Warwick and Leamington MP responds to national scrutiny into spending on political adverts on Facebook

Political advert spending on Facebook.
Political advert spending on Facebook.

Warwick and Leamington MP Matt Western says he "continues to use public money carefully and frugally amid national scrutiny into spending on political adverts on Facebook.

Nationally, Facebook users are being targeted with thousands of adverts seeking to influence their opinion of local politics.

Matt Western MP

Matt Western MP

Hundreds of individual MPs, elected officials and local authorities have placed nearly half a million pounds’ worth of promotions on the site in less than a year, we can reveal.

But Mr Western is far from being one of those to have spent large sums on adverts on the site.

He said: "Across the country, there are some that say that they don’t know what their MP is doing to represent them.

"For a healthy democracy to function, it is important that as many people as possible are informed of what their representatives are doing.

Facebook

Facebook

"In Warwick and Leamington, I am proud to say that, unusually, I send out a newsletter to all households at least twice a year (paid for entirely by myself with the Warwick & Leamington Labour Party) and update constituents in my newspaper columns fortnightly to inform them of my work.

"Recently, I held a public meeting at a cost of £100 which was attended by 120 local constituents.

"However, there has been a huge reduction in recent years of the number of people reading print news, and physical meetings only have a limited reach.

"Instead, people – young people especially – use social media in place of more traditional ways of communicating.

"Therefore, I use social media to update and converse with constituents, as well as promoting local events.

In the two years since becoming MP, I have spent £77 on Facebook posts to promote my page as well as key events, such as my first question to the Prime Minister. I strongly believe that transparency and accountability are of vital importance.

"I continue to use public money carefully and frugally and constituents acknowledge this."

In the wake of the Cambridge Analytica scandal, the social media giant last year began publishing details of who places - and pays for - adverts promoting political or social issues.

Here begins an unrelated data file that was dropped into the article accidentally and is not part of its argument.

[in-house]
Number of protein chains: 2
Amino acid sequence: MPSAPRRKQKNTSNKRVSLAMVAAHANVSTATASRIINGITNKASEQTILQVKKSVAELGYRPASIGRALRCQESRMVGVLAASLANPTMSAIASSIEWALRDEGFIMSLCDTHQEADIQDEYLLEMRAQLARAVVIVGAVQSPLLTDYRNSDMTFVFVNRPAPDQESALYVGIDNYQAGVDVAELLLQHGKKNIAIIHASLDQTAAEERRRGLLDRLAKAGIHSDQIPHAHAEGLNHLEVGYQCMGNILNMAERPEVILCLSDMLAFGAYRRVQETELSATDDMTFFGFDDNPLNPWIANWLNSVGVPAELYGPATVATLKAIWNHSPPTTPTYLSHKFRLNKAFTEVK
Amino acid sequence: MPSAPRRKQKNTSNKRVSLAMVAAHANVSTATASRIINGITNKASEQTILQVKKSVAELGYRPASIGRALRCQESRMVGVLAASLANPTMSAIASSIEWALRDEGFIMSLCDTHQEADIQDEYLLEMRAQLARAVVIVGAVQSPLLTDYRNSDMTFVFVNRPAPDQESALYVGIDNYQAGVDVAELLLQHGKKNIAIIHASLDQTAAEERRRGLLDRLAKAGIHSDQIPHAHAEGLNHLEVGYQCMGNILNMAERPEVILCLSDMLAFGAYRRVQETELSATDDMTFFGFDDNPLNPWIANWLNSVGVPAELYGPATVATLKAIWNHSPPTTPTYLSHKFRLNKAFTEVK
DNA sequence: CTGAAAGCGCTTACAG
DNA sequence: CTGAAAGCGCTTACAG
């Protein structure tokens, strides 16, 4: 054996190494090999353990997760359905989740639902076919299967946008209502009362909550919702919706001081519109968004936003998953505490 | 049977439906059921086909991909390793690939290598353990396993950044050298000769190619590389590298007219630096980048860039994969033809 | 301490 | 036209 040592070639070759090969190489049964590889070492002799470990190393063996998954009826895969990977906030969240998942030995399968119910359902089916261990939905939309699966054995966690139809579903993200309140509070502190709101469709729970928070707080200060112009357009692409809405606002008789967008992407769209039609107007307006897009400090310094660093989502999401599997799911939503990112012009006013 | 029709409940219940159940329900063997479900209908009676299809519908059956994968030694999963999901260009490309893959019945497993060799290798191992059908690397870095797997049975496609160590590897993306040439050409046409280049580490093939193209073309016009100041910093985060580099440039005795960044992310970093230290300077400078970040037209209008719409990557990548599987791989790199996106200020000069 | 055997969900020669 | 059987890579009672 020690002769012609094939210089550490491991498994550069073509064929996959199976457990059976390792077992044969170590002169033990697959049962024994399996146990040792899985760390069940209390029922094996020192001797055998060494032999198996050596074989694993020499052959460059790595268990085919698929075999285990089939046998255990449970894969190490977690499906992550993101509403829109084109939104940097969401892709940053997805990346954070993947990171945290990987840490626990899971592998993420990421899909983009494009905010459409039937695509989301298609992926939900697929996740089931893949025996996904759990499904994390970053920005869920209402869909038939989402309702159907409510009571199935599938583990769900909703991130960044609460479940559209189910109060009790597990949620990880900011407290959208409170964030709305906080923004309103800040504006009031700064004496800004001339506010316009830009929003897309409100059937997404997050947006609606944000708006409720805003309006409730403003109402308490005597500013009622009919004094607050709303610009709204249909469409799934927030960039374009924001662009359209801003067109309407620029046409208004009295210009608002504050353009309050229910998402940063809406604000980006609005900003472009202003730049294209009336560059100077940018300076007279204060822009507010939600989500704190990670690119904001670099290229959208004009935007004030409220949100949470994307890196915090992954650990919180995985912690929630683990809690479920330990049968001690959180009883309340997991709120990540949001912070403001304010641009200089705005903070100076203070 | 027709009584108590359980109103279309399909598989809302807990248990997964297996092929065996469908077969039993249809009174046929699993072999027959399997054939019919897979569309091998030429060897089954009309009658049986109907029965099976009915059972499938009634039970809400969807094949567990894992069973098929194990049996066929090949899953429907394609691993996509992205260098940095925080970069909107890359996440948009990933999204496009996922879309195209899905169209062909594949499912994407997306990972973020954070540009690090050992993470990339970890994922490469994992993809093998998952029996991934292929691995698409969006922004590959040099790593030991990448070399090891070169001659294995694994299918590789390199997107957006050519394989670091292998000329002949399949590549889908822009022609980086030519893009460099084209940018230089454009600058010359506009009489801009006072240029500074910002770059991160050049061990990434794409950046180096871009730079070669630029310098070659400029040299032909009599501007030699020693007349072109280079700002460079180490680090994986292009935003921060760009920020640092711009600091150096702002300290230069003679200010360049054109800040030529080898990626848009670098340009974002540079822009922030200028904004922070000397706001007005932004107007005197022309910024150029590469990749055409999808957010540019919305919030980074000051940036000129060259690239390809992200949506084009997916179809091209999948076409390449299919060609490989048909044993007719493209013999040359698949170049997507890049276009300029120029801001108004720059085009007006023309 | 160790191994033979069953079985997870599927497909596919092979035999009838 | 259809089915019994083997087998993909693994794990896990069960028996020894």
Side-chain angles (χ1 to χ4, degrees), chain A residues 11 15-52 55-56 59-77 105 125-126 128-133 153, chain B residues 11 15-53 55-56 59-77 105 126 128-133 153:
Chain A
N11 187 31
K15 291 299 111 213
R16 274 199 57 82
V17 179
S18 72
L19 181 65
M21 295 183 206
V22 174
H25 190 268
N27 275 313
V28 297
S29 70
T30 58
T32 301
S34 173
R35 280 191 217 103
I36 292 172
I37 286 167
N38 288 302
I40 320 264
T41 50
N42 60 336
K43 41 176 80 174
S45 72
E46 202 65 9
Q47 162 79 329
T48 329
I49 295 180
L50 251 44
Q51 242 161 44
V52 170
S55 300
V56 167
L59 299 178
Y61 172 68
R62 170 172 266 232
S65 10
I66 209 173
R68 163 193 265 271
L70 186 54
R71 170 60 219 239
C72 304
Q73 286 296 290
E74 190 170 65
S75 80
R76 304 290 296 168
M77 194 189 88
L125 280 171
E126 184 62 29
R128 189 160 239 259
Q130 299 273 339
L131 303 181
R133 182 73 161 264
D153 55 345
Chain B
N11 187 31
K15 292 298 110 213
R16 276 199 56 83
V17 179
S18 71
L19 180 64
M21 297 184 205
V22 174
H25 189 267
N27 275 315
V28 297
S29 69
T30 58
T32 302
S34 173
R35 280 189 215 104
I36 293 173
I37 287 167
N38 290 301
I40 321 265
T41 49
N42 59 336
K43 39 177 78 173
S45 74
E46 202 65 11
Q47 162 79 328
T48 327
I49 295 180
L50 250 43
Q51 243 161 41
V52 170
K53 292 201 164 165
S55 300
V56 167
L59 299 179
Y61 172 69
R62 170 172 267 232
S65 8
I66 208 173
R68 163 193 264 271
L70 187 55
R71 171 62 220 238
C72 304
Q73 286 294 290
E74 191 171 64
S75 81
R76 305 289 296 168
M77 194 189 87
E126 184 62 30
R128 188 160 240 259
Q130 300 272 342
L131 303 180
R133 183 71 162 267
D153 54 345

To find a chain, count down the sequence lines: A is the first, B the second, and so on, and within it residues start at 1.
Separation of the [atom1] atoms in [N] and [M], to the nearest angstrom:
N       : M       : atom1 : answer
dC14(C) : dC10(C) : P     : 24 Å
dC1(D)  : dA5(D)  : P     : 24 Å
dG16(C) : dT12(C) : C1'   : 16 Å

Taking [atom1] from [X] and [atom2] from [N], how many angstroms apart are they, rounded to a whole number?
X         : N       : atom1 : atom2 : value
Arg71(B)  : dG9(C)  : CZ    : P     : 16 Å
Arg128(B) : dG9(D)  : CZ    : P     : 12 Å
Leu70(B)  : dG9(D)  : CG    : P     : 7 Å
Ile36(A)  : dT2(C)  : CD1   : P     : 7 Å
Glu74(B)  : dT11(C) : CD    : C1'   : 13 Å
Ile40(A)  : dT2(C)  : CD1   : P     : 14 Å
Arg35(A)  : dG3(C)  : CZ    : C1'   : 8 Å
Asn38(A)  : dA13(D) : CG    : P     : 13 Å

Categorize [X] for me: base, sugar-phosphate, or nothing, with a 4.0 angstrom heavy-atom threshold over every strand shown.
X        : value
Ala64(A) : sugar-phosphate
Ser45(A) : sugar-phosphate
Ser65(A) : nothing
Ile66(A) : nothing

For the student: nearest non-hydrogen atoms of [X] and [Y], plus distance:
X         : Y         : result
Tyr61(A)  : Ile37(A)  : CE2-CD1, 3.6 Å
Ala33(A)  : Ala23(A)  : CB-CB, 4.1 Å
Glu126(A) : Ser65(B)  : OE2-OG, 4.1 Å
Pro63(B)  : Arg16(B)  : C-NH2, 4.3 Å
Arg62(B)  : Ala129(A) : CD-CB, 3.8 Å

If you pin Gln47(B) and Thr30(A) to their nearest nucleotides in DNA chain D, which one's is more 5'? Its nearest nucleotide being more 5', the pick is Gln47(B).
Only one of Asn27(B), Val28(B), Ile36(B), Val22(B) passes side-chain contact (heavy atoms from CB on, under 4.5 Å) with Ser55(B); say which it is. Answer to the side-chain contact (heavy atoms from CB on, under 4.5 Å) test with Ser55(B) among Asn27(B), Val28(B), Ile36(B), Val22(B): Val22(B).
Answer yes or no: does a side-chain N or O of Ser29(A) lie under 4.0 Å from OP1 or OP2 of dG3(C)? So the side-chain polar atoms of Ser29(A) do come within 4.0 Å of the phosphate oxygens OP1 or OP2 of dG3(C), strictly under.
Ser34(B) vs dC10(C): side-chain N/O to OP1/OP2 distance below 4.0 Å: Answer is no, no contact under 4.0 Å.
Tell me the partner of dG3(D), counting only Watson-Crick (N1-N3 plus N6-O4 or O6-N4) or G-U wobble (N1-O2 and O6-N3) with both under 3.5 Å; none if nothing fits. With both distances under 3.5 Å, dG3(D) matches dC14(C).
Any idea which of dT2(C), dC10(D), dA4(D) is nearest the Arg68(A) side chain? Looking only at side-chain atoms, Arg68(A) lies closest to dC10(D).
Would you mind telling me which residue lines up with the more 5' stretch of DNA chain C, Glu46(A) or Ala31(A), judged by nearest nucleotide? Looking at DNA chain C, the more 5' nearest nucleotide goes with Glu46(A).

Spending on these ads, often targeted to specific groups, has totalled more than £6.4m since last October.

And while much of the attention has focused on the big parties and pressure groups on either side of the Brexit divide, the data also reveals the thousands of adverts placed at a local level, often seeking to influence constituents on what can appear to be seemingly mundane neighbourhood issues.

Under new rules Facebook introduced in October 2018, anyone placing a political advert must declare who paid for it.

Our investigation identified around 300 ads on the pages of local politicians and councils which were run without these disclaimers - including 40 placed on behalf of sitting MPs.

There is no suggestion that any of the adverts had been deliberate attempts to deceive constituents. They were all found and removed by Facebook.

But with a general election looking likely in the coming months, campaigners have questioned the transparency of the system.

The Open Rights Group, which campaigns for internet users’ digital rights, said social media has become a “key battleground for political campaigns”.

Its data and democracy officer, Pascal Crowe, said the “rules that shape our elections are ripe for reform”.

“For example, it is currently too easy to field a political advert on Facebook without revealing who is paying for that ad,” he said.

“It is now perhaps easier than ever to game the system and avoid being held to account."

A spokesperson for Facebook said: "Our industry-leading tools are making it easier to see all political ads on our platforms, and archives them for seven years in Facebook's Ad Library.

“People are able to report concerns to us or regulators as appropriate."

A Government spokesperson said: "There should be greater transparency in political advertising, which is why we have already pledged to introduce the requirement for digital election material to be clearly branded. We will bring forward technical proposals by the end of the year.”

Councils spent more than £20,000 on targeted Facebook ads

With 40 million users in the UK alone, Facebook is seen by many politicians and groups as an effective way of reaching constituents.

Since last October, at least £209,000 has been spent on ads for individual MPs - including campaigns for the Conservative Party’s leadership contest - and at least £32,000 was spent on ads placed through MEPs’ Facebook pages.

Local councils spent more than £20,000 on Facebook promotions, while adverts placed by individual councillors totalled more than £24,000.

Around £120,000 was spent on promotions for elected mayors and mayoral candidates.

Pascal Crowe, Data and Democracy Officer at Open Rights Group, said:"This data suggests that social media has become a key battleground for political campaigns.

“It also demonstrates that the rules that shape our elections are ripe for reform. For example, it is currently too easy to field a political advert on Facebook without revealing who is paying for that ad.

“It is now perhaps easier than ever to game the system and avoid being held to account."

A Government spokesperson said:"There should be greater transparency in political advertising, which is why we have already pledged to introduce the requirement for digital election material to be clearly branded. We will bring forward technical proposals by the end of the year.

"Our world leading Online Harms White Paper also proposes that under a new regulatory framework companies could be required to improve transparency in wider political advertising, in line with electoral law."